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 user 2005-06-10 at 10:15:00 am Views: 87
  • #9860
    Group Sounds Alarm Over Trapped Dolphins

    MANILA, Philippines (June 05) – From Southeast Asia to the
    Black Sea, fishing nets have become deathtraps for thousands of whales, dolphins
    and porpoises – species whose survival will be threatened unless fishing methods
    change, the World Wildlife Fund said Thursday.

    The U.S.-based environmental group released a marine
    scientists’ report that listed species threatened by accidental catch, and
    recommended low-cost steps to reduce their entanglement in fishing gear.

    The report identified dolphins in the Philippines, India
    and Thailand as urgent priorities.

    Researchers estimate that fishing gear kills about 300,000
    whales, dolphins and porpoises a year in the world’s oceans.

    Threatened populations include Irrawaddy dolphins in
    Malampyaya Sound off the Philippines’ Palawan island, about 220 miles south of
    Manila. The WWF report said only 77 remain.

    Dolphins also face the threat of traders who sell them to
    aquariums, especially in Asia, the report said.

    Other threatened populations include Spinner and Fraser’s
    dolphins in the Philippines’ Sulu Sea. The WWF report said up to 3,000 Spinner
    dolphins may be caught each year in gillnets, which stretch from the sea floor
    to the surface and are hard for dolphins to see or detect with their sonar.

    If the mammals are trapped underwater in nets and can’t get
    to the surface to breathe, they drown.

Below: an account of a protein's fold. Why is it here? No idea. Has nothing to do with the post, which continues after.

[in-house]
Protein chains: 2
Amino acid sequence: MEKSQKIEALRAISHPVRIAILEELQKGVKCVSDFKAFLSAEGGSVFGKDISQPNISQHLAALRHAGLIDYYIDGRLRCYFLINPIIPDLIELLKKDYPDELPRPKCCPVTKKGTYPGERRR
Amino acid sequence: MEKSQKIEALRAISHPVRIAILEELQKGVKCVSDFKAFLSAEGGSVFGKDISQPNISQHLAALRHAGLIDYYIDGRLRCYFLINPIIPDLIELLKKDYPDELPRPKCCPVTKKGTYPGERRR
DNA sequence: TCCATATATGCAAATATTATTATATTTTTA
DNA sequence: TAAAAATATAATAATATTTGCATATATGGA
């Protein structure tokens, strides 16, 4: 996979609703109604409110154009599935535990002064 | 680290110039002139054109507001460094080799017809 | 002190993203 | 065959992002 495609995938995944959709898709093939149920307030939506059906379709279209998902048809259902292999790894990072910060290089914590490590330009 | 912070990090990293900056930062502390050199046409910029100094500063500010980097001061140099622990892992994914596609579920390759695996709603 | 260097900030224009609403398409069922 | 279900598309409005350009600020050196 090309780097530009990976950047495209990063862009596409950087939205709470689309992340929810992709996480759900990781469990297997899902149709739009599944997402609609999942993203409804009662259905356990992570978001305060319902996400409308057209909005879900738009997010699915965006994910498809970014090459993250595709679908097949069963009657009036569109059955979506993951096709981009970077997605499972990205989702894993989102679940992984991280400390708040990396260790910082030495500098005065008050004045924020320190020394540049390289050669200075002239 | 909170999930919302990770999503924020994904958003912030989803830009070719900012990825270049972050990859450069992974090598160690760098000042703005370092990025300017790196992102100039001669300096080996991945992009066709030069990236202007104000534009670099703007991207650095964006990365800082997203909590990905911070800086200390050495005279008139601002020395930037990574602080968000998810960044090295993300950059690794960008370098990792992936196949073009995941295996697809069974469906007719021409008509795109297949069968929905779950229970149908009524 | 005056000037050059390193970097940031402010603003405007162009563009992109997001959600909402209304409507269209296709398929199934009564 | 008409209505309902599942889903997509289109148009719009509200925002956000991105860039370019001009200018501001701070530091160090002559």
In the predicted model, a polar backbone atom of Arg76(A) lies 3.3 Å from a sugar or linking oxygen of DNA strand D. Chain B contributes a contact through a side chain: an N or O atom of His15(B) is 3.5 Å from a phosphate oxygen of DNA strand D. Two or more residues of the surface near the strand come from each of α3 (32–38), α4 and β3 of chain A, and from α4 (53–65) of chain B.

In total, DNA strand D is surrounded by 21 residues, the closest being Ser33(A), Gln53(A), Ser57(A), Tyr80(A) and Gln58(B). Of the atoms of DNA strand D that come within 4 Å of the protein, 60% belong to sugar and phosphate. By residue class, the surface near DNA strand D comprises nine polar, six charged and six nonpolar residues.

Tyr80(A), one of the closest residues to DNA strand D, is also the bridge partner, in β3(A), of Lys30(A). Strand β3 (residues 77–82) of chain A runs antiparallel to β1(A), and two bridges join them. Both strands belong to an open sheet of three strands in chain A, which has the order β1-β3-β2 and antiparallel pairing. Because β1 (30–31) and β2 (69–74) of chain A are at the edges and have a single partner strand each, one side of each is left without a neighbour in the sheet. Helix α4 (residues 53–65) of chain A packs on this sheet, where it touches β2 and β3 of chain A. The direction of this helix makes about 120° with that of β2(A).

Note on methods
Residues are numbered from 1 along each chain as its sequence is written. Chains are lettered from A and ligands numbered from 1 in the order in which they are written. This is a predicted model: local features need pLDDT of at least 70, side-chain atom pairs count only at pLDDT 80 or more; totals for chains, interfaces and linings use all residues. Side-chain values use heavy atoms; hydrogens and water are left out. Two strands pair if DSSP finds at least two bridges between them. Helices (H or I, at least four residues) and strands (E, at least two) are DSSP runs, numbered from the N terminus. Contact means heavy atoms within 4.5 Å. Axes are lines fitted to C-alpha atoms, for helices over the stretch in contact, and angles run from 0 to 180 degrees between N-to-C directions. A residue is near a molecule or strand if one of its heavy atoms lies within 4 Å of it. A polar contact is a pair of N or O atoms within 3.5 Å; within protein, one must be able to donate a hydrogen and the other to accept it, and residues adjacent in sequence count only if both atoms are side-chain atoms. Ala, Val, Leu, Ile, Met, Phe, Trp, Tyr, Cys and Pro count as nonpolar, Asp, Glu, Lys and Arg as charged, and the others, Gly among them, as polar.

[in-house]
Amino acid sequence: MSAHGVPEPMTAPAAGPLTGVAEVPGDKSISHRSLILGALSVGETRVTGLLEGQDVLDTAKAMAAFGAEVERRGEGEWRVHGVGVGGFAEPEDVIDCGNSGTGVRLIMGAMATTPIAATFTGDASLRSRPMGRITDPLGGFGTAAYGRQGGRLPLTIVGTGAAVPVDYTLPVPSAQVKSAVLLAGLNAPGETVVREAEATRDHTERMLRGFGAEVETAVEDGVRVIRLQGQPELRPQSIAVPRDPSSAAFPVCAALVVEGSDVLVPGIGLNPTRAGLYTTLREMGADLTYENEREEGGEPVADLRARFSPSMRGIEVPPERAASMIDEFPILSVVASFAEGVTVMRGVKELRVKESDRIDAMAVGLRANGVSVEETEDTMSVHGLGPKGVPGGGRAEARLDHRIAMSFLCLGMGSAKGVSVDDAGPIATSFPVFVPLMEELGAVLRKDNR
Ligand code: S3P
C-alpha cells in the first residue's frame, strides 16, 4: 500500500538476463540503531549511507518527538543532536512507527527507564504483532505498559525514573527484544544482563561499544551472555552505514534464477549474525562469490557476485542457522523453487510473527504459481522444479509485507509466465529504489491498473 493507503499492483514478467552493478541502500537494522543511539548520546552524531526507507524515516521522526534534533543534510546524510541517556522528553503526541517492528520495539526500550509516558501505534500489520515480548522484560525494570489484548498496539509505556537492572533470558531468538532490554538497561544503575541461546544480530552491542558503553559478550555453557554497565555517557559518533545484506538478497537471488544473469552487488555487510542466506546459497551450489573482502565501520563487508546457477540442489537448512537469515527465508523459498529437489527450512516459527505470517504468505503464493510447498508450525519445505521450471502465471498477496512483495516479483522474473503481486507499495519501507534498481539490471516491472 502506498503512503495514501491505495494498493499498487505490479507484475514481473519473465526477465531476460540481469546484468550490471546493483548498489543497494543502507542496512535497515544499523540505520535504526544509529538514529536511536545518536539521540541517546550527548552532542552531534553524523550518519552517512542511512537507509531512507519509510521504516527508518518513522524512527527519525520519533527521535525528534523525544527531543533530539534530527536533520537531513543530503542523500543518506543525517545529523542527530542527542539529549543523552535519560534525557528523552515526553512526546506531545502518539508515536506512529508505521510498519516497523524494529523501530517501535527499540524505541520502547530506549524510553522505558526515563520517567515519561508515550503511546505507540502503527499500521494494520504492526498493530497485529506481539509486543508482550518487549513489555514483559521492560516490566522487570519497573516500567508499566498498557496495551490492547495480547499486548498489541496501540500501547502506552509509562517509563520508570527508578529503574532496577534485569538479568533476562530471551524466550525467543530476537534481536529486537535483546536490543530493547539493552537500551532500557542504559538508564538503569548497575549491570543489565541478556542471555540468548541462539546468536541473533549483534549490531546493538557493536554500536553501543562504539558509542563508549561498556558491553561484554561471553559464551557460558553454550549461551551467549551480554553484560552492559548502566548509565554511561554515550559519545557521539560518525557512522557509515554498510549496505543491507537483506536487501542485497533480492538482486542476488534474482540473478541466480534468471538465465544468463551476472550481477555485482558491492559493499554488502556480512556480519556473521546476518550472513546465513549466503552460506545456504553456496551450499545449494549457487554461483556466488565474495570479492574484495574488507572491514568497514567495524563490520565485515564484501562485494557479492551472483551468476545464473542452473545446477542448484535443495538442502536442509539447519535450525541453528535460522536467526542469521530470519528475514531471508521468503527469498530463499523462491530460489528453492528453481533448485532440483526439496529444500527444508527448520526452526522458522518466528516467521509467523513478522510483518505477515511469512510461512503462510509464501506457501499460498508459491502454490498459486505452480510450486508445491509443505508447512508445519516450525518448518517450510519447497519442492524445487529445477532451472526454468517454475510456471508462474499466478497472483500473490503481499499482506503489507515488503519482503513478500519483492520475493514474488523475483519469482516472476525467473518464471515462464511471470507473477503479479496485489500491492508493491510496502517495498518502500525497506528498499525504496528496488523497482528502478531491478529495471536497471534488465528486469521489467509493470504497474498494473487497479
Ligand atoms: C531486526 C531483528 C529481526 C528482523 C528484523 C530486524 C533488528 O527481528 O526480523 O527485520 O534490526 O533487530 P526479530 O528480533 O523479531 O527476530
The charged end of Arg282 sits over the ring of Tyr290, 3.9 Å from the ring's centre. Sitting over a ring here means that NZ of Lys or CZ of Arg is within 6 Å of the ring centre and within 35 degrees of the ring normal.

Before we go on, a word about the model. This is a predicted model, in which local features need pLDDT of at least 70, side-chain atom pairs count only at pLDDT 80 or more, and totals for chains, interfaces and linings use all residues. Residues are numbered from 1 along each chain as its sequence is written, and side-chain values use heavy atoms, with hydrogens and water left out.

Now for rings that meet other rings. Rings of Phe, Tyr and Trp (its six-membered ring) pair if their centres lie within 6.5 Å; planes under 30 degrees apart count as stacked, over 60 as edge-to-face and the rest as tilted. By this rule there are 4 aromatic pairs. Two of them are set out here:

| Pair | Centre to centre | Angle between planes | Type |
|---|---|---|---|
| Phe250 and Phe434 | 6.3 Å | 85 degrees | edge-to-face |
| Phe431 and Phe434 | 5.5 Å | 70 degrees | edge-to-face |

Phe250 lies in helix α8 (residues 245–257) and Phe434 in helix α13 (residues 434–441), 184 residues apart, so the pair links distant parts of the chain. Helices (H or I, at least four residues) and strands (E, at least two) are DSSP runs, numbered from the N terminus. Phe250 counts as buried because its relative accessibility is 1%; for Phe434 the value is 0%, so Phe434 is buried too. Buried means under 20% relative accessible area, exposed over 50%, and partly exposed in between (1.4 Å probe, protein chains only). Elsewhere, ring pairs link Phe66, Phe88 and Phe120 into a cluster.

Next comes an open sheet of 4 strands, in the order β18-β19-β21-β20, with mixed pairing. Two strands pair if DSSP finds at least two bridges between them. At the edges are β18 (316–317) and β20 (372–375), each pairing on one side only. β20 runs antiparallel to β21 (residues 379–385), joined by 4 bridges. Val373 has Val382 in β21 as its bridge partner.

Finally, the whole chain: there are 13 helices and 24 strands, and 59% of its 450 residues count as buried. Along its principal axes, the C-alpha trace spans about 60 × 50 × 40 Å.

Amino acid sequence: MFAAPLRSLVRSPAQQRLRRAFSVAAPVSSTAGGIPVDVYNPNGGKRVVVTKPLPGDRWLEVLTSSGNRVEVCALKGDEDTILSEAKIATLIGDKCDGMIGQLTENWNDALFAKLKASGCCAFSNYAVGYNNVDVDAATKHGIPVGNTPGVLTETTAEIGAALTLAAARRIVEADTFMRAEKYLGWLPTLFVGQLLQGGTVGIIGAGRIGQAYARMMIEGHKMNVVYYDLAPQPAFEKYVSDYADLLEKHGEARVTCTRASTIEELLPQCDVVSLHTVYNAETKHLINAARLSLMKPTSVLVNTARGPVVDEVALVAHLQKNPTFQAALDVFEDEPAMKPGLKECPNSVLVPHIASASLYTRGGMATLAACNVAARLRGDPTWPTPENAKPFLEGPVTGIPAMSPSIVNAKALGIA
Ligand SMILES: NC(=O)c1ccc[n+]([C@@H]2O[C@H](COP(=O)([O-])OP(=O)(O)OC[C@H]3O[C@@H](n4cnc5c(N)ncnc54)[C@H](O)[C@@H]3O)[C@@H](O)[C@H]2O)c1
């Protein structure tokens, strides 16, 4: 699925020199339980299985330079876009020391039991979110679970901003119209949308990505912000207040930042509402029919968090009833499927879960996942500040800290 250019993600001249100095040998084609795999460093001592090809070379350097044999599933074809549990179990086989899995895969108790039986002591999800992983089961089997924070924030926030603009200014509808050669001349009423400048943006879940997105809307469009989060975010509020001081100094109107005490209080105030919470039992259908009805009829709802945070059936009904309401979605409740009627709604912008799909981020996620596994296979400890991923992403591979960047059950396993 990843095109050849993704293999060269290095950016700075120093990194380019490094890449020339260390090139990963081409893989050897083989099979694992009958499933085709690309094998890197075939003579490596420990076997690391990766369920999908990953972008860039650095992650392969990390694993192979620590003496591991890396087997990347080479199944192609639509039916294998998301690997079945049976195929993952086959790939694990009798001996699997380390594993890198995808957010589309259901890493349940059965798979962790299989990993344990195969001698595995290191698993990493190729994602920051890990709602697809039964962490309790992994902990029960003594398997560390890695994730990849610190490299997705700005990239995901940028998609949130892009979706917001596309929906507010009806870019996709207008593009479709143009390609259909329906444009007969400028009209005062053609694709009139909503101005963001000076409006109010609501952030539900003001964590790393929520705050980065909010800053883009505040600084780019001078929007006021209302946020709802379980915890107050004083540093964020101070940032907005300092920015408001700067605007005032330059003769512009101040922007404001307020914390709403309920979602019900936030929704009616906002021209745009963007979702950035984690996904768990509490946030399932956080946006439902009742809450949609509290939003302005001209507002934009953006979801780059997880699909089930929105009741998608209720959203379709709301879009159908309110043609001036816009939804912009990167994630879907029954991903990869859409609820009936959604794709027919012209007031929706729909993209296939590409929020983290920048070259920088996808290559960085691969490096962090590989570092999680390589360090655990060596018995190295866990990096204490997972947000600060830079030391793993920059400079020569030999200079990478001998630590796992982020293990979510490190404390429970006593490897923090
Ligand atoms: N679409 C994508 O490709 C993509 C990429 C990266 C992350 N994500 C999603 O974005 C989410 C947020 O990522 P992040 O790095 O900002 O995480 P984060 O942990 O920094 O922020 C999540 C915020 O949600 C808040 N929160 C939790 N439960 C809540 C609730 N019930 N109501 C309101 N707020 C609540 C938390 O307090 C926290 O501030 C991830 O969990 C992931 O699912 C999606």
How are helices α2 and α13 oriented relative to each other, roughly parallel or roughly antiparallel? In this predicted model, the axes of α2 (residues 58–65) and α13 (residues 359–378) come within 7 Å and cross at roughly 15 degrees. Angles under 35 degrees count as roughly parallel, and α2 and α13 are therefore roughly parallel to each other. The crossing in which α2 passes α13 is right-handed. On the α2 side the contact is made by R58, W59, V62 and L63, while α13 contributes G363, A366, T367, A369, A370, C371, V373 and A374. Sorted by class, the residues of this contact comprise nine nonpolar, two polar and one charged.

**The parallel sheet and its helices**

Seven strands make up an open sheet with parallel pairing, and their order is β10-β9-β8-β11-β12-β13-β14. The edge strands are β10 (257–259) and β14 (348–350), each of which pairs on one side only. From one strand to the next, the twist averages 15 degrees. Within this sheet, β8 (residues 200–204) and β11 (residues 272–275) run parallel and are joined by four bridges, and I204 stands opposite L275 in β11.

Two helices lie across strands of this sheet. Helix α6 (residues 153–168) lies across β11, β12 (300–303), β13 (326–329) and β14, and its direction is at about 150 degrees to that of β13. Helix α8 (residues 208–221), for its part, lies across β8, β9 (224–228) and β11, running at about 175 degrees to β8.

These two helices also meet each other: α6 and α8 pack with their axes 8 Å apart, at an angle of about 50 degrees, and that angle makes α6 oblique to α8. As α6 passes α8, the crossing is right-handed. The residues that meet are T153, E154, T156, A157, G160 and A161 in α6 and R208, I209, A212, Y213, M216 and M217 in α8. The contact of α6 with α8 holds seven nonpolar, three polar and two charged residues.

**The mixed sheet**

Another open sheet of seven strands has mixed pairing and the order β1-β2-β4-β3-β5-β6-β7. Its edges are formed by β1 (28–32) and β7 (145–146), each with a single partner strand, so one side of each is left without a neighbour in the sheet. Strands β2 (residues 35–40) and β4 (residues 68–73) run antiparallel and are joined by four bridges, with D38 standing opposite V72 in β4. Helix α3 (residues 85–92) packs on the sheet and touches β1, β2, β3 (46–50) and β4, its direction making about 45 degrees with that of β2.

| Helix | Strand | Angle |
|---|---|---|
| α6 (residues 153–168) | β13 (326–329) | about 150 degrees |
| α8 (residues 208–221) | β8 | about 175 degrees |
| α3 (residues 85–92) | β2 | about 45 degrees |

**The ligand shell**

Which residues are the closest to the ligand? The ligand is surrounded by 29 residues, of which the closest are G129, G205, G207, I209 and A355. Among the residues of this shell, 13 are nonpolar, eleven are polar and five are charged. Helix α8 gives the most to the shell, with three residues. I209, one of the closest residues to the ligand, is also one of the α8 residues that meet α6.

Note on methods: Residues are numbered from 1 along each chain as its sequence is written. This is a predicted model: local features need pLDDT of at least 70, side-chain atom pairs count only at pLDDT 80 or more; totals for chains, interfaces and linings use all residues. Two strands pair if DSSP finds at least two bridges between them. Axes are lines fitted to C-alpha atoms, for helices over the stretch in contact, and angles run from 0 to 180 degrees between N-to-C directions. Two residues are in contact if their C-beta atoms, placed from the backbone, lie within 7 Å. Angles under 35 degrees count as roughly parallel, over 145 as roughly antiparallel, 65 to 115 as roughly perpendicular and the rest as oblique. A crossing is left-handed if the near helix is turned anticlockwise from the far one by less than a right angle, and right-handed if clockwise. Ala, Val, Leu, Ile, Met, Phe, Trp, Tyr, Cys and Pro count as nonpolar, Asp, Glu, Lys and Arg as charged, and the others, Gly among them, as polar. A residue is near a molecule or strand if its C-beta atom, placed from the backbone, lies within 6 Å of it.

Dolphins are also under threat in Indonesia, Myanmar,
    India’s Chilka Lake and Thailand’s Songkhla Lake, the WWF said.

    Fishing gear kills thousands of porpoises each year in the
    Black Sea, the report said. Atlantic humpback dolphins face the same fate off
    the coasts of Ghana and Togo in Africa, as do Franciscana dolphins in Argentina,
    Uruguay and Brazil, it said.

    Indo-Pacific humpback and bottlenose dolphins often die in
    nets off the south coast of Zanzibar, the report added.

    Most of the animals are threatened by the widespread use of
    one type of fishing gear – gillnets, the WWF report said.

    U.S. fisheries in 1993-2003 introduced changes that reduced
    by a third the number of dolphins accidentally killed by fishing, or bycatch,
    the WWF said.

    But few other countries have followed that example, “and in
    much of the rest of the world, progress on bycatch mitigation has been slow to
    nonexistent,” the group said.

    “These accidental deaths can be significantly reduced,
    often with very simple, low-cost solutions,” said Karen Baragona of WWF’s
    species conservation program. “Slight modifications in fishing gear can mean the
    difference between life and death for dolphins.”

    The report will be submitted next week to the International
    Whaling Commission meeting in South Korea, the WWF said.